By the 1960s, the United States military was developing the swing-wing F-111 project as a follow-on to the Republic F-105 Thunderchief, a fast low-level fighter-bomber designed in the 1950s with an internal bay for a nuclear weapon. There had been some interest in the TSR-2 from Australia for the Royal Australian Air Force (RAAF), but in 1963, the RAAF chose to buy the F-111 instead, having been offered a better price and delivery schedule by the American manufacturer. Nonetheless, the RAAF had to wait 10 years before the F-111 was ready to enter service, by which time the anticipated programme cost had tripled. The RAF was also asked to consider the F-111 as an alternative cost-saving measure. In response to suggestions of cancellation, BAC employees held a protest march, and the new Labour government, which had come to power in 1964, issued strong denials. However, at two Cabinet meetings held on 01 April 1965, it was decided to cancel the TSR-2 on the grounds of projected cost, and instead to obtain an option agreement to acquire up to 110 F-111 aircraft with no immediate commitment to buy. This decision was announced in the budget speech of 6 April 1965. The maiden flight of the second development batch aircraft, XR220, was due on the day of the announcement, but following an accident in conveying the airframe to Boscombe Down, coupled with the announcement of the project cancellation, it never happened. Ultimately, only the first prototype, XR219, ever took to the air. A week later, the Chancellor defended the decision in a debate in the House of Commons, saying that the F-111 would prove cheaper.
All airframes were then ordered to be destroyed and burned.
Aeronautical engineer and designer of the Hawker Hurricane Sir Sydney Camm said of the TSR-2: “All modern aircraft have four dimensions: span, length, height and politics. TSR-2 simply got the first three right.”
To replace the TSR-2, the Air Ministry initially placed an option for the F-111K (a modified F-111A with F-111C enhancements) but also considered two other choices: a Rolls-Royce Spey (RB.168 Spey 25R) conversion of a Dassault Mirage IV (the Dassault/BAC Spey-Mirage IV) and an enhanced Blackburn Buccaneer S.2 with a new nav-attack system and reconnaissance capability, referred to as the “Buccaneer 2-Double-Star”. Neither proposal was pursued as a TSR-2 replacement although a final decision was reserved until the 1966 Defence Review. Defence Minister Healey’s memo about the F-111 and the Cabinet minutes regarding the final cancellation of the TSR-2 indicate that the F-111 was preferred.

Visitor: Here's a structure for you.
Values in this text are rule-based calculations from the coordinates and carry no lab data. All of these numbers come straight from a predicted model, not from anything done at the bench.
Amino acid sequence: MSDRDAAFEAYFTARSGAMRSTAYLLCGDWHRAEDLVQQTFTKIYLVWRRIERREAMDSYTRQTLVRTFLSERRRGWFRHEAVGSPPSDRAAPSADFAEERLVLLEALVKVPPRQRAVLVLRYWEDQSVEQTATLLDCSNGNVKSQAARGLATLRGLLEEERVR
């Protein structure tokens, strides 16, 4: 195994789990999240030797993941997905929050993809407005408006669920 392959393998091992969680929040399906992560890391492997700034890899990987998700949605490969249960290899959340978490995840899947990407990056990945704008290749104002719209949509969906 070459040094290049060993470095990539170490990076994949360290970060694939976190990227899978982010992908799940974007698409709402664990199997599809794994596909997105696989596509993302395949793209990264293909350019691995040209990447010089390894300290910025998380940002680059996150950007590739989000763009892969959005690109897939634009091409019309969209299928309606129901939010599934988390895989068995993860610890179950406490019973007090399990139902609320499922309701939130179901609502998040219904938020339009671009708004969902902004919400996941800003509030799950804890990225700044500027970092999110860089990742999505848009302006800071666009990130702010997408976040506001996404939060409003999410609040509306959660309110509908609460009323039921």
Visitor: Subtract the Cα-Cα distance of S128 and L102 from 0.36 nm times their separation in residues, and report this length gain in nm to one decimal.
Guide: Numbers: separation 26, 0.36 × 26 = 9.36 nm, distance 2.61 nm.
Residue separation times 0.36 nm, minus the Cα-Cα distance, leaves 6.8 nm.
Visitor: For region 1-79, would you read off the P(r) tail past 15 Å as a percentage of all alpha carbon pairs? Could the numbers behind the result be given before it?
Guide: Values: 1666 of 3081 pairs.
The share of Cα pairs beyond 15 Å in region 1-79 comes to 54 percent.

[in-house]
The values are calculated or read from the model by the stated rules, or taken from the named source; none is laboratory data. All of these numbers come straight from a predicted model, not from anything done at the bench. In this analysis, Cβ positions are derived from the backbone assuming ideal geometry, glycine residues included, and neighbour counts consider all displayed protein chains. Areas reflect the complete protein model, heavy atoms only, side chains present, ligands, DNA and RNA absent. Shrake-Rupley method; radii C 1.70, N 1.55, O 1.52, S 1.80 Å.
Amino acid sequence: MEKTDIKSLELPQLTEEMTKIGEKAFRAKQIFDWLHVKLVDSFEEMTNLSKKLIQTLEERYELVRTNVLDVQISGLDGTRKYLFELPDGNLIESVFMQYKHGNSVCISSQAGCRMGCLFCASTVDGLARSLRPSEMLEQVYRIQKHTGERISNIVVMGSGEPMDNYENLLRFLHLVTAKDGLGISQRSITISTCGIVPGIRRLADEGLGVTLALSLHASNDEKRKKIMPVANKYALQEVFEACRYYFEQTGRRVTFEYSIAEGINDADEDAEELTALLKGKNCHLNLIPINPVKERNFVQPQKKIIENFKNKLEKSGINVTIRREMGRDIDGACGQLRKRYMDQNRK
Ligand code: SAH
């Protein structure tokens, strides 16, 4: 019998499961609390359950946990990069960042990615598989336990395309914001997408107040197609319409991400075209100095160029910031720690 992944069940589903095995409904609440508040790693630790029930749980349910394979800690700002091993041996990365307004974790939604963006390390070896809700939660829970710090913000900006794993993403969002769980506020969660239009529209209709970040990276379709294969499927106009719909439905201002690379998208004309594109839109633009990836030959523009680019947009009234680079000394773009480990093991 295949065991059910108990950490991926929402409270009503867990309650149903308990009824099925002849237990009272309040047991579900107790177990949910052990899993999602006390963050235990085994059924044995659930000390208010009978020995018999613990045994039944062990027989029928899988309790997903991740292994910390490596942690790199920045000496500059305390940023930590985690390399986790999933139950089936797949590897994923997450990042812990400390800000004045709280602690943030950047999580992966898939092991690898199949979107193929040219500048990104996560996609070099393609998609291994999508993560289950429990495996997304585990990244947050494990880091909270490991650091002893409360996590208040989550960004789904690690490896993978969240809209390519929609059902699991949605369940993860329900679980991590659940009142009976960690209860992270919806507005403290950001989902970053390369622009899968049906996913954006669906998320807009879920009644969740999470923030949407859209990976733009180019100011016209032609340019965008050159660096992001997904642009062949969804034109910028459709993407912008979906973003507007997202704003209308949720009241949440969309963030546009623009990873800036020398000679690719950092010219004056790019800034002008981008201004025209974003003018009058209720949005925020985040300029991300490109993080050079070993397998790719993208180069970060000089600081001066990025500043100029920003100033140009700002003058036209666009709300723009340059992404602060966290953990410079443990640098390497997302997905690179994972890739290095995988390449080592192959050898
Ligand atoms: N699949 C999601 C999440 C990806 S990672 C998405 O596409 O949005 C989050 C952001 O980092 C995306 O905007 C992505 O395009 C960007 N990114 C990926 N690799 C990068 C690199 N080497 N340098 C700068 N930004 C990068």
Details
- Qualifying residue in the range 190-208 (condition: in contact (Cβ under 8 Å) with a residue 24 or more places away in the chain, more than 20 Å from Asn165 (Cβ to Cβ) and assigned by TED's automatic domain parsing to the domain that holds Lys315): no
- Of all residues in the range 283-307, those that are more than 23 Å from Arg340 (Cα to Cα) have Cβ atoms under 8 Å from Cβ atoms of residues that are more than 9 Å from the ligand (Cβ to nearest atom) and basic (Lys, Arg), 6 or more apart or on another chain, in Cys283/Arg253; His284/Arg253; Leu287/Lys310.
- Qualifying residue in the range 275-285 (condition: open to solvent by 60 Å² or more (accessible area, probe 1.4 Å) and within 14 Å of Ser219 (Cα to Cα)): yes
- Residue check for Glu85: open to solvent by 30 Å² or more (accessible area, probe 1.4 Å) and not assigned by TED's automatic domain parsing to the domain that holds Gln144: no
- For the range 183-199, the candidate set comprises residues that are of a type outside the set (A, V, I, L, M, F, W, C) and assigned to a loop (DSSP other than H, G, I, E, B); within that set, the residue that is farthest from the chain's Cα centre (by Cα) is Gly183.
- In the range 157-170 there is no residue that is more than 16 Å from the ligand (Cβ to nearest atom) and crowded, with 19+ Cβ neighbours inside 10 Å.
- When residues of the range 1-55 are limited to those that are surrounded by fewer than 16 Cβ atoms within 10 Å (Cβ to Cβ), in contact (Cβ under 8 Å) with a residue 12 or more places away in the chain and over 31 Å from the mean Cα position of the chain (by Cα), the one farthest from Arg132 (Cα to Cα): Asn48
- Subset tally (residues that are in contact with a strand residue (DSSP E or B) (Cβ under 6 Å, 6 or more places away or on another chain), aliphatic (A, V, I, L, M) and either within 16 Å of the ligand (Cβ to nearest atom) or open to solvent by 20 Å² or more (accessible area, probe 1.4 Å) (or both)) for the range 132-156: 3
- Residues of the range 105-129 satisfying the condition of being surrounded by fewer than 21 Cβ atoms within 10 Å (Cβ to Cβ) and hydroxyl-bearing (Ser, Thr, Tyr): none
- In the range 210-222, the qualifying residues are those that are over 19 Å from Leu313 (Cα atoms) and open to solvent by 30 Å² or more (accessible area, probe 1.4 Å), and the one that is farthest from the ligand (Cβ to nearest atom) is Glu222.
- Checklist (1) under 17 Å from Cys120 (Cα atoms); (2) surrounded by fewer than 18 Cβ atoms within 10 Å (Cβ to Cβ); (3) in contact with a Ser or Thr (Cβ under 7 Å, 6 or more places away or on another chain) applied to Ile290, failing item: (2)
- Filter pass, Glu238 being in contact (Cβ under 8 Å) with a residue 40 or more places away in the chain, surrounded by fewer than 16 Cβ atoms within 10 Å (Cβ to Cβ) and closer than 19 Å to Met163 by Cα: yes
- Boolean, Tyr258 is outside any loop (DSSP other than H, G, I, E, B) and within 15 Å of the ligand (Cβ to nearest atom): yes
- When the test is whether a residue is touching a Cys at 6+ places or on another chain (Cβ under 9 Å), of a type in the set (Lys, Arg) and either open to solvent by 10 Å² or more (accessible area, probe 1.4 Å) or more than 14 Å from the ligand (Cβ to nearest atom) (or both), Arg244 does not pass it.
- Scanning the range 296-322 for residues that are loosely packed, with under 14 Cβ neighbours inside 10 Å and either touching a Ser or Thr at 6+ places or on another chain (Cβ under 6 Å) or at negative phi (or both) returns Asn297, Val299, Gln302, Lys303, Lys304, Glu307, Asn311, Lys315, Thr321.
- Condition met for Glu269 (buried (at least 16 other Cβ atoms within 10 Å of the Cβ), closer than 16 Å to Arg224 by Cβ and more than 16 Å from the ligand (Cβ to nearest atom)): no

Following the 1966 Defence White Paper, the Air Ministry decided on two aircraft: the F-111K, with a longer-term replacement being a joint Anglo-French project for a variable geometry strike aircraft – the Anglo French Variable Geometry Aircraft (AFVG). A censure debate followed on 1 May 1967, in which Healey claimed the cost of the TSR-2 would have been £1,700 million over 15 years including running costs, compared with £1,000 million for the F-111K/AFVG combination. Although 10 F-111Ks were ordered in April 1966 with an additional order for 40 in April 1967, the F-111 programme suffered enormous cost escalation coupled with the devaluation of the pound, far exceeding that of the TSR-2 projection. Many technical problems were still unresolved before successful operational deployment and, faced with poorer-than-projected performance estimates, the order for 50 F-111Ks for the RAF was eventually cancelled in January 1968.
To provide a suitable alternative to the TSR-2, the RAF settled on a combination of the F-4 Phantom II and the Blackburn Buccaneer, some of which were transferred from the Royal Navy. These were the same aircraft that the RAF had derided in order to get the TSR-2 go-ahead, but the Buccaneer proved capable and remained in service until 1994. The RN and RAF versions of the Phantom II were given the designation F-4K and F-4M respectively, and entered service as the Phantom FG.1 (fighter/ground attack) and Phantom FGR.2 (fighter/ground attack/reconnaissance), remaining in service (in the air-to-air role) until 1992.